Colorado National Parks
Comanche National Grassland
Comanche National Grassland covers over 435,000 acres in the southeastern corner of Colorado. 150 million years ago, the grasslands were home to dinosaurs. In 1749 - 1805, the land was home to the Comanche Indian Tribe. After they left the land, it became grazing land for cattle ranchers until 1898. The Santa Fe Trail also ran past these grasslands from 1821 - 1880. Since 1954, the US Forest Service has managed the land, and in 1960 it was designated as a grassland. Now the land is used for livestock grazing, wildlife habitation, recreation and mineral production. This short grassland is split into two different areas, the Carrizo unit south of Springfield, on the border of Oklahoma; the Timpas unit south of La Junta.
The Picture Canyon Trail is located in the Carrizo Unit of the grasslands. This moderate trail runs through the grasslands providing views of many rock cliffs, as well as, abundant wildlife. Bird sightings are common, as over 257 species of birds inhabit the area. Some of the birds you might see are Say's phoebes, Bullock's orioles, autistic rock wrens, western meadowlarks, lark sparrows, mourning doves and red headed woodpeckers.
Be sure to visit the Picketwire Canyonlands. At these canyonlands, you will view dinosaur tracks. Dinosaurs roamed this area millions of years ago, in an area that was once a river. As the dinosaurs waded through the mud, they left over 1,300 tracks that later were buried and turned into stone. Rangers will give tours by appointment only. Tours are offered in April, May, June, September and October.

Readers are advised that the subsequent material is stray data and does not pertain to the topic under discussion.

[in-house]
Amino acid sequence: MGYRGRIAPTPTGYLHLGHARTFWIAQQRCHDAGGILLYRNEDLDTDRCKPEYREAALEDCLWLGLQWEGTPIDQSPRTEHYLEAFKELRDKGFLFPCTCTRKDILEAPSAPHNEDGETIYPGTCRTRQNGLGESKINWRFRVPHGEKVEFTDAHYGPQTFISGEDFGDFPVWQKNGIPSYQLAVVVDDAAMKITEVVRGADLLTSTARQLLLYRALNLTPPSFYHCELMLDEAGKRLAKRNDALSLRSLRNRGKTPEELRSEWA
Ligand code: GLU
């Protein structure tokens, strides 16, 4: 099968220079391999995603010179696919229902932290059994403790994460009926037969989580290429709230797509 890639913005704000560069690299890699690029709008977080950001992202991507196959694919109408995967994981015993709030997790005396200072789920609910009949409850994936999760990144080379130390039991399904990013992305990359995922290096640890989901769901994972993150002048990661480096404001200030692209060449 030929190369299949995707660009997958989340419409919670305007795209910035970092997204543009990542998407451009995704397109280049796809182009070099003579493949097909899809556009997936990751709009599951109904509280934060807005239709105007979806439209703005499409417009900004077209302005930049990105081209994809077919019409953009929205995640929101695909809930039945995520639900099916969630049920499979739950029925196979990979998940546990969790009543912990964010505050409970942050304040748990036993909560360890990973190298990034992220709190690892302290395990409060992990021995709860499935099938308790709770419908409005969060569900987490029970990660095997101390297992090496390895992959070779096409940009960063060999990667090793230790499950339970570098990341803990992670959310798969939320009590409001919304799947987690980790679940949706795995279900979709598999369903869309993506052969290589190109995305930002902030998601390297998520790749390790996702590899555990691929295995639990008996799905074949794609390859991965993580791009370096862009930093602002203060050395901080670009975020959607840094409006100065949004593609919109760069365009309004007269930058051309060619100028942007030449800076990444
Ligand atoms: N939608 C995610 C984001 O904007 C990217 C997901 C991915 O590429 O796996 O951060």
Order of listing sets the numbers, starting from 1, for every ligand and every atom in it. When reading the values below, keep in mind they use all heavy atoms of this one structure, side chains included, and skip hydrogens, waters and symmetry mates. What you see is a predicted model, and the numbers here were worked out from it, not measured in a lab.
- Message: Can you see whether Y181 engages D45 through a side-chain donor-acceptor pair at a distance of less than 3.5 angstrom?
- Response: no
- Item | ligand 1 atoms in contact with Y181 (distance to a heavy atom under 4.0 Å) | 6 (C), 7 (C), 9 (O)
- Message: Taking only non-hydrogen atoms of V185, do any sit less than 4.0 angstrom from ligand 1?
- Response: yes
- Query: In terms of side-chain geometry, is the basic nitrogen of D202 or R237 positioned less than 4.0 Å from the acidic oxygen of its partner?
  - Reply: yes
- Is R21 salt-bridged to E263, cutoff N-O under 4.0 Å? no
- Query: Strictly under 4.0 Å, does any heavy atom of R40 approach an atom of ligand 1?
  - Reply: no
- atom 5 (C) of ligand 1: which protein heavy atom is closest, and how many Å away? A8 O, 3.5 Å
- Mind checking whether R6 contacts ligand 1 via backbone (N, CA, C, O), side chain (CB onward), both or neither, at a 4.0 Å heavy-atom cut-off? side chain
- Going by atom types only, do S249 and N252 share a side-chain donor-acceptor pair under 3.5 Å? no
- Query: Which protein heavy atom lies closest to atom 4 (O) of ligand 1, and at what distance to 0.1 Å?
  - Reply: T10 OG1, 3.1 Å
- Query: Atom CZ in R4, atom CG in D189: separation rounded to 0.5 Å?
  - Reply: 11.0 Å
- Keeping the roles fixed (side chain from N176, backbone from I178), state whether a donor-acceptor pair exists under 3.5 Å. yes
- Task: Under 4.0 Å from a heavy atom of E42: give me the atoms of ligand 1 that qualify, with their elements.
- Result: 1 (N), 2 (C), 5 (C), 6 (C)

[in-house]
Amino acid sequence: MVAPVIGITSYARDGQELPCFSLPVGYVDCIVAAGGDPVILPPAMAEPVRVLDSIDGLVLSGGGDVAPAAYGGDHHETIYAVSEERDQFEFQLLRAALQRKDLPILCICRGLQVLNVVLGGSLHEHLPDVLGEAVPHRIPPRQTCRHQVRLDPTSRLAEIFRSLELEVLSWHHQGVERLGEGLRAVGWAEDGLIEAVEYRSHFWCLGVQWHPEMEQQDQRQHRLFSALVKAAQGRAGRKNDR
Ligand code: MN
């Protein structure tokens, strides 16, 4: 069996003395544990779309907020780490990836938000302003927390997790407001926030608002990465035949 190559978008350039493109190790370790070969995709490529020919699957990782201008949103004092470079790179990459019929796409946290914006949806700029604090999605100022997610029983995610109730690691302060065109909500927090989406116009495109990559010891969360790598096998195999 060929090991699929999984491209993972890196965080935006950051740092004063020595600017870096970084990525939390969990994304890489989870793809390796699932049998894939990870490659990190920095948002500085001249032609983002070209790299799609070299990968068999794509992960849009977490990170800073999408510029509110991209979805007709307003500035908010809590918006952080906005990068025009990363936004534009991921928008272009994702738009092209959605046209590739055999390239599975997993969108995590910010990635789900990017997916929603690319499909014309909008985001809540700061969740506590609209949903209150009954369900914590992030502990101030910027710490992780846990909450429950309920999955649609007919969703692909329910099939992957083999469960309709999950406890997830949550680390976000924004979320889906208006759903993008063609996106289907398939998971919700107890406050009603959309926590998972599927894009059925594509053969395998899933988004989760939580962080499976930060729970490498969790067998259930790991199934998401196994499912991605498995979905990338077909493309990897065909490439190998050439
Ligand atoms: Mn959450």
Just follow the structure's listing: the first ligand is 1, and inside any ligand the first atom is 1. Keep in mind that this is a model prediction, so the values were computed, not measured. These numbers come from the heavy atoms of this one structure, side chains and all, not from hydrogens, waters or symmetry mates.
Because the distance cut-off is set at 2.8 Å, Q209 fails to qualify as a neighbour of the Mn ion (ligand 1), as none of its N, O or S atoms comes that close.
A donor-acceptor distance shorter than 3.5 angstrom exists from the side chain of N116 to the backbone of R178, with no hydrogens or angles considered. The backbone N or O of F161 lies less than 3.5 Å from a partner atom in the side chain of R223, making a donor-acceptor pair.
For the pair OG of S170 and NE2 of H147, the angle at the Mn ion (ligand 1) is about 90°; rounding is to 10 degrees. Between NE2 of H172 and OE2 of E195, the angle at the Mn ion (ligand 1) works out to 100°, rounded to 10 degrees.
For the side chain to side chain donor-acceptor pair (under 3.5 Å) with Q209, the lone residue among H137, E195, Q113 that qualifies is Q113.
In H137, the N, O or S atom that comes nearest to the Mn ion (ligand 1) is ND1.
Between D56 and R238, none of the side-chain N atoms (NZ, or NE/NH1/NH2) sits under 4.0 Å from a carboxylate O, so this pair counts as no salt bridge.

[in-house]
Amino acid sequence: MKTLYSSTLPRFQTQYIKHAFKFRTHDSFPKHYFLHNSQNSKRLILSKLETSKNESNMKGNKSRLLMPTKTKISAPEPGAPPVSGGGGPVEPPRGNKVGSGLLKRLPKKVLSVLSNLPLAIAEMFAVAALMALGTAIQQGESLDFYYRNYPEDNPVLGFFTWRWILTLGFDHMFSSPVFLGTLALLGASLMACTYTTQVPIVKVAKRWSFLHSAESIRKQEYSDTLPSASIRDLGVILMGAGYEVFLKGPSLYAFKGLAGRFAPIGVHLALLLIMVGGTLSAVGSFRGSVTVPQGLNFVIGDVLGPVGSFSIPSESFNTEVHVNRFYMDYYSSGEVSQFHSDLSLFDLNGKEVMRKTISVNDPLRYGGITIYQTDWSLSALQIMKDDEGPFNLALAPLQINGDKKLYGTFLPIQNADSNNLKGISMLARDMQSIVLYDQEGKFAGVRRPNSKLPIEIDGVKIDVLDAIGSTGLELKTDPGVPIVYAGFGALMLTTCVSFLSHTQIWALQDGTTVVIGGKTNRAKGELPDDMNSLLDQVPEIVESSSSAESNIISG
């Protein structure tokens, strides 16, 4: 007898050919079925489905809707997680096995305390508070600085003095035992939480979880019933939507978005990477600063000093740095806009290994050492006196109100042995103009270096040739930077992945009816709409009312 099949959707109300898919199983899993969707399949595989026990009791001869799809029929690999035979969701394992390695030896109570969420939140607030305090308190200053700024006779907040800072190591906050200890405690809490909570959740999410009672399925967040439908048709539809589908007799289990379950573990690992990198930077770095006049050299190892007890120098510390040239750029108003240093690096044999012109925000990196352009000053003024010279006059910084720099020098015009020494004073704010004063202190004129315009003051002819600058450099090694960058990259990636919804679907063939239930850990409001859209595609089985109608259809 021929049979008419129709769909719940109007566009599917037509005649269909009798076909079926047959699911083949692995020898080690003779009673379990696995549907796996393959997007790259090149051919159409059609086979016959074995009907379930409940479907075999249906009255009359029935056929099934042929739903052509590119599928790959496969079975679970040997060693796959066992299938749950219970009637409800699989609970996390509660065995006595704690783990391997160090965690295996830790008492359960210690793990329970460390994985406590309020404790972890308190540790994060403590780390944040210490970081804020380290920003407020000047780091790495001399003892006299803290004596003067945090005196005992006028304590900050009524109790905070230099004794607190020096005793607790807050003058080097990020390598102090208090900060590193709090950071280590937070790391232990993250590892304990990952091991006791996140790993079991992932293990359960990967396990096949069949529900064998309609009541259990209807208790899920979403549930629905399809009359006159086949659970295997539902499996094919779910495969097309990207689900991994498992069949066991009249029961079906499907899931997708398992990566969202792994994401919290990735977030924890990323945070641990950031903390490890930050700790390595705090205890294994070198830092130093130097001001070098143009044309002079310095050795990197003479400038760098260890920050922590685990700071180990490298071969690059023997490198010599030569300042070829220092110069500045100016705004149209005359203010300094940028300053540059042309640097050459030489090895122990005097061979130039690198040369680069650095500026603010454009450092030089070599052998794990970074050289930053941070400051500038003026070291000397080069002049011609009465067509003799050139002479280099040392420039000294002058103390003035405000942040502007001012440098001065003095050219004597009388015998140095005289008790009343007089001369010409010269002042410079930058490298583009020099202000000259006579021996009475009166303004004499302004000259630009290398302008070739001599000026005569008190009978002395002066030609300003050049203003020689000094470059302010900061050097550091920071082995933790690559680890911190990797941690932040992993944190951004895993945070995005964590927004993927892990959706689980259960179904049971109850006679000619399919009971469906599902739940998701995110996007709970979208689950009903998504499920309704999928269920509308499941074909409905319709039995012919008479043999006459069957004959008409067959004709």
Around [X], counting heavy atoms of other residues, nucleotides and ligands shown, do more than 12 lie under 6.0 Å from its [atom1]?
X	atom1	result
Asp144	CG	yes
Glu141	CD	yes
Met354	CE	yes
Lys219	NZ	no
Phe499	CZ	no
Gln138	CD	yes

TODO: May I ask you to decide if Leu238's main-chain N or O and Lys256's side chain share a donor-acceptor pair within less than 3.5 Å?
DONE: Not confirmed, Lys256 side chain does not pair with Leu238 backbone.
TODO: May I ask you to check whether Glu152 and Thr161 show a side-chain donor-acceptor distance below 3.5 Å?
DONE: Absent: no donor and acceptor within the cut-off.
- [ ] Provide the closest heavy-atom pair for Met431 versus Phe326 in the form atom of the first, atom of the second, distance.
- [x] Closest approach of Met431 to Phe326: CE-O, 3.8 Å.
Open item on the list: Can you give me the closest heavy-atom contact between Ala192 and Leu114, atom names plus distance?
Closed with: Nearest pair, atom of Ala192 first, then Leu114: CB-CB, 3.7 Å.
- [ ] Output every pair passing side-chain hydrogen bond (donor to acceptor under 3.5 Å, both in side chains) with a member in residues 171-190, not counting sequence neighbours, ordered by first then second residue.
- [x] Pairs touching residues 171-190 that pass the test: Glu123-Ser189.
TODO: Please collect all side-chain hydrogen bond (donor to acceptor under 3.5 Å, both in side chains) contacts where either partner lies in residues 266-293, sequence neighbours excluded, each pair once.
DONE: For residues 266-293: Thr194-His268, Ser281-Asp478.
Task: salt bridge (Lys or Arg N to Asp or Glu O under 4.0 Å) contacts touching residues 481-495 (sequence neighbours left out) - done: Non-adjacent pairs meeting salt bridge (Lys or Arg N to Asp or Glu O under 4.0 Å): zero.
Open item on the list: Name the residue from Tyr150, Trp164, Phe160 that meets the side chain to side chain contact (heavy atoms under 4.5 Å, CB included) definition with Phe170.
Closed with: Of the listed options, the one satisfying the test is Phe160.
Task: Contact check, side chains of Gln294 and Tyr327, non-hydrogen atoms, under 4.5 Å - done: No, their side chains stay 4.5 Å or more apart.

Other activities available in the grasslands are hiking, mountain biking and horseback riding on the many trails in the grassland. Scenic driving, picnicking and viewing historic sites are also popular. Prehistoric rock art, early homesteaders' rock huts, and limestone markers from the Santa Fe Trail are some of these exciting historic sites in the grassland. Bent's Old Fort is also nearby for more exciting history.
From Springfield: take on Highway 287 south for 17 miles. At County Road M turn right (west) and continue for 22 miles, then turn left (south) at Forest Service Road 539 and travel 1.9 miles to the parking lot.
From La Junta: take Highway 109 for 58 miles. Highway 160 east for 18 miles then County Road 3 turn right and go south for 7 miles. Turn left at County road P and travel east for 3 miles. At County Road 6 turn right and travel south for 2 miles, then turn right (west) at County Road M and continue 1-1/2 miles. Turn left (south) at Forest Service Road 539 and go 1.9 miles to the parking lot.
More Activities & Information
La Junta, Colorado includes: Bent's Old Fort National Historic Site, Branson, Las Animas